I received my PhD in history from Johns Hopkins University in 2000, and since then have taught American history at the University of Manchester. At the University, I am an active member of the American Studies Research Group and the Centre for Latin American and Caribbean Studies. Within the profession, I am a member of the Royal Historical Society, the British Group in Early American History, British American Nineteenth-Century Historians, and the Omohundro Institute of Early American History and Culture.
Recent and current research projects
In 2010 Cambridge University Press published my first monograph, Settler Society in the English Leeward Islands, 1670-1776. This book, which won the Royal Historical Society's Gladstone Prize, is a study of the formation of white settler societies in the British West Indian colony of the Leeward Islands, comprising Antigua, Montserrat, Nevis, and St. Kitts, in the century from their foundation as an English colony to the outbreak of the American Revolution and onset of their subsequent socioeconomic decline. It is based upon extensive archival research in the United States, Britain, and the Caribbean, and examines such topics as norms of gender and sexuality, competing religious practices, relations between white ethnic communities, and the formation of a political culture which was simultaneously imperially British and locally West Indian.
I have just completed my second monograph, provisionally entitled A Kingdom For a Horse: A Cultural History of Horse Racing in Nineteenth-Century America. This examination of thoroughbred horse-racing in the United States from the late eighteenth through the end of the nineteenth century focusses on the ways in which a variety of local, regional, and national elites employed the breeding, ownership, and racing of blooded horses in order to uphold these groups’ social, cultural, and political hegemony.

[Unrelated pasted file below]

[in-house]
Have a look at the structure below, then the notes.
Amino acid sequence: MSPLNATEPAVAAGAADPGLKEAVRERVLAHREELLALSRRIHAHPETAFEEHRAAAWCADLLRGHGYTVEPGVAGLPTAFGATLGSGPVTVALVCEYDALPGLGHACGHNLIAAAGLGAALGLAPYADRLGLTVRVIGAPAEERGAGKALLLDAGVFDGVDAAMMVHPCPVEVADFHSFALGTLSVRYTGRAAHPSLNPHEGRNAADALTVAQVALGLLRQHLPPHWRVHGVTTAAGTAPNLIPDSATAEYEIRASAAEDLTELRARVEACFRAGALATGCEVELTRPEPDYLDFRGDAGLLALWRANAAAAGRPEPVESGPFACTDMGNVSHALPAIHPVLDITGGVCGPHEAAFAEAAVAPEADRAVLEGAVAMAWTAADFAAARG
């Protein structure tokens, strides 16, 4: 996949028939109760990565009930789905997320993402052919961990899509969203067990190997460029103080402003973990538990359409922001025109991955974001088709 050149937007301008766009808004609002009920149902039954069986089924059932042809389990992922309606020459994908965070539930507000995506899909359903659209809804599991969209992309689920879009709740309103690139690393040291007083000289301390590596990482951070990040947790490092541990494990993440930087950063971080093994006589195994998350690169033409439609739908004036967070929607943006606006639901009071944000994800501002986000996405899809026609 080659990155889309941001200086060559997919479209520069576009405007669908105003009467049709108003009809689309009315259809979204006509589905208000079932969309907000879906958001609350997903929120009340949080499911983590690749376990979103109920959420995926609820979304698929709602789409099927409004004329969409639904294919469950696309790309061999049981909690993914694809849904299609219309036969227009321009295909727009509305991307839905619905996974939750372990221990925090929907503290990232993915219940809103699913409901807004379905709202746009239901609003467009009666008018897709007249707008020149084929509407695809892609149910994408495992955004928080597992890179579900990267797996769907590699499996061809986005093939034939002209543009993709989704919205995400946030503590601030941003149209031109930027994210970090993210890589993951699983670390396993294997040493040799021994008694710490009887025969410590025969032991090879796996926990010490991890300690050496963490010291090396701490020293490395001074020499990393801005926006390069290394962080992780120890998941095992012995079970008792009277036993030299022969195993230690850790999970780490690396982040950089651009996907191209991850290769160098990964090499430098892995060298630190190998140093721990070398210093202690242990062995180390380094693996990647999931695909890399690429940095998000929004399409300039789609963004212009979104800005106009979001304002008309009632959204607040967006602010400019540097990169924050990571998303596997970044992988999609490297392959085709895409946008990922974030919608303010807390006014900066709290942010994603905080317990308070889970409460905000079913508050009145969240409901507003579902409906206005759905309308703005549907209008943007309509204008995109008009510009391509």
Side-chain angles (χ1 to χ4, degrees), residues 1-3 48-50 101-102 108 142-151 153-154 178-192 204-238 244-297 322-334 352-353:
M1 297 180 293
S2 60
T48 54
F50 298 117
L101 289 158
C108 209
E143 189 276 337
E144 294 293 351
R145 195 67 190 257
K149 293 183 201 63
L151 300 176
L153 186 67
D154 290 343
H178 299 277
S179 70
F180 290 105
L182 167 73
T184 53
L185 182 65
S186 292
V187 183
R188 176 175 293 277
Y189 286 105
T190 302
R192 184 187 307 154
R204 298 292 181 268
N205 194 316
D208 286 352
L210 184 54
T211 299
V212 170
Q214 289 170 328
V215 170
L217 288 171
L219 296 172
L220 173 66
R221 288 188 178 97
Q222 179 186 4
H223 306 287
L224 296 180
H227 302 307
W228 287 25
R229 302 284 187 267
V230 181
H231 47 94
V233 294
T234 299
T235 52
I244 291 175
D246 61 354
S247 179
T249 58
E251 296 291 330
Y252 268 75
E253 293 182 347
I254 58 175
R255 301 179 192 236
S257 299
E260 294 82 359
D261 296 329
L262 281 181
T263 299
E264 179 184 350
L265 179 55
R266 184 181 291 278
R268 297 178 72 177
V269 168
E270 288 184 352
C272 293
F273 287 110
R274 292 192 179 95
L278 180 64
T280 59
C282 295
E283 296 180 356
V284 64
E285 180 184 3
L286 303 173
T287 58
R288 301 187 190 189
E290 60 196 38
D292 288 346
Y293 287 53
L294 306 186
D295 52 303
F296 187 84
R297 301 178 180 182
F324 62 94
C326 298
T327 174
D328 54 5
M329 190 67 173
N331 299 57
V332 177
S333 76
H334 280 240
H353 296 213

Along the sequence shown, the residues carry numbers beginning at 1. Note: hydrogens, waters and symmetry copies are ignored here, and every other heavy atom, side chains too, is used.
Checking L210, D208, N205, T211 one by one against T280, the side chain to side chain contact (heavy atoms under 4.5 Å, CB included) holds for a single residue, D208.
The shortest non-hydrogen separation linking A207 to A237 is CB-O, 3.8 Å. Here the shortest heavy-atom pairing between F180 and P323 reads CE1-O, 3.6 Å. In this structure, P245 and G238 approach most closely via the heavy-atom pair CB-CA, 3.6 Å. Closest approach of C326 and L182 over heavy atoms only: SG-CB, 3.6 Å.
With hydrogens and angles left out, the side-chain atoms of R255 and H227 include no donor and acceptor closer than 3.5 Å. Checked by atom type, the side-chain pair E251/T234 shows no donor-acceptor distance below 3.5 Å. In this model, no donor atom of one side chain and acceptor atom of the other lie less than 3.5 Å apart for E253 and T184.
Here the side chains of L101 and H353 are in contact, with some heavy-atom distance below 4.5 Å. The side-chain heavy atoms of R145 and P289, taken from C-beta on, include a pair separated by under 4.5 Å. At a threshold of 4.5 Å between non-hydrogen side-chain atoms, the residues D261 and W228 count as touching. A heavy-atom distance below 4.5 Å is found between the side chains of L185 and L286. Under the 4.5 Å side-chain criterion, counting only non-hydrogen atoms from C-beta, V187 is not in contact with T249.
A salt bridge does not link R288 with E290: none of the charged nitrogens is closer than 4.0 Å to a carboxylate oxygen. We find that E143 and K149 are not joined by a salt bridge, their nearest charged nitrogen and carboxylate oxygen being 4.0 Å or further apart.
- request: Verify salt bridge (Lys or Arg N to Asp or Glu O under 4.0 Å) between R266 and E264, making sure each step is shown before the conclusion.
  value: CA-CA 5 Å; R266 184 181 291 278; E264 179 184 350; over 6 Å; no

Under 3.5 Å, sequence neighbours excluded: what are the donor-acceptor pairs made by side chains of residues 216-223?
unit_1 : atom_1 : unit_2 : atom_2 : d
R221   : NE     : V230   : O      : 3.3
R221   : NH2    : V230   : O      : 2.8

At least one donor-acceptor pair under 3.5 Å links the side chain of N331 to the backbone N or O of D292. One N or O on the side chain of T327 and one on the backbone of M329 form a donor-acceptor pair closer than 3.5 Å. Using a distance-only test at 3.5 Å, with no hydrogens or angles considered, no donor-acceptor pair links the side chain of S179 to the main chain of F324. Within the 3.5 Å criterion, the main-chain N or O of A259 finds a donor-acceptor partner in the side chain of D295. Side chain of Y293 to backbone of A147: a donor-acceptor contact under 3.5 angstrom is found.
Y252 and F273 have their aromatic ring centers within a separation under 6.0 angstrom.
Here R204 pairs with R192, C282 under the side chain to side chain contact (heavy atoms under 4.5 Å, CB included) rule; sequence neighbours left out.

My subsequent project is a study of the role played by West Indian absentee planters in the cultural and spatial development of later Georgian London. My first publication from this project will appear from the University of Virginia Press in 2023.
In spring 2022 I was a Faculty Fellow at the Charles Warren Center for American Studies at Harvard University, beginning work on a project entitled "The Price of Knowledge: English Universities and Slavery." This project originated in my and my former PhD student Matthew Stallard's research into the links between the University of Manchester's early donors and wealth derived from commerce in slave-produced commodities, and will result in a short book aimed at a popular audience which will offer the first in-depth examination of the relationship between England's universities and people, ideas, objects, and funds connected to the nation's history of enslavement. A paper on the University of Manchester's relationship to transatlantic slavery. which I co-authored with Prof. Nalin Thakkar, Vice-President for Social Responsibility, is available here:
I have supervised to completion the following PhD students at the University of Manchester:
- Laura Sandy: "Overseers and Their Place in Colonial American Plantation Society" (currently senior lecturer in history at the University of Liverpool)
- Patrick Doyle, "Disloyalty, Dissent, and Treason in Civil War South Carolina" (currently lecturer in history at Royal Holloway)
- Natalie Armitage: "The Cultural History of the Voodoo Doll" (currently Education Programme Manager at the British Ceramics Biennial)
- Matthew Stallard: "Racial Classification and Urban Space in Early Nineteenth-Century New Orleans" (currently research associate at the Legacies of British Slave Ownership project at University College London)
- Sami Pinarbasi, "Slavery and Anti-Slavery in Late Georgian Manchester" (currently a fellow at the John Rylands Research Institute)
- Patrick Massey, "New Orleans Exceptionalism in the Cultural Response to Hurricane Katrina"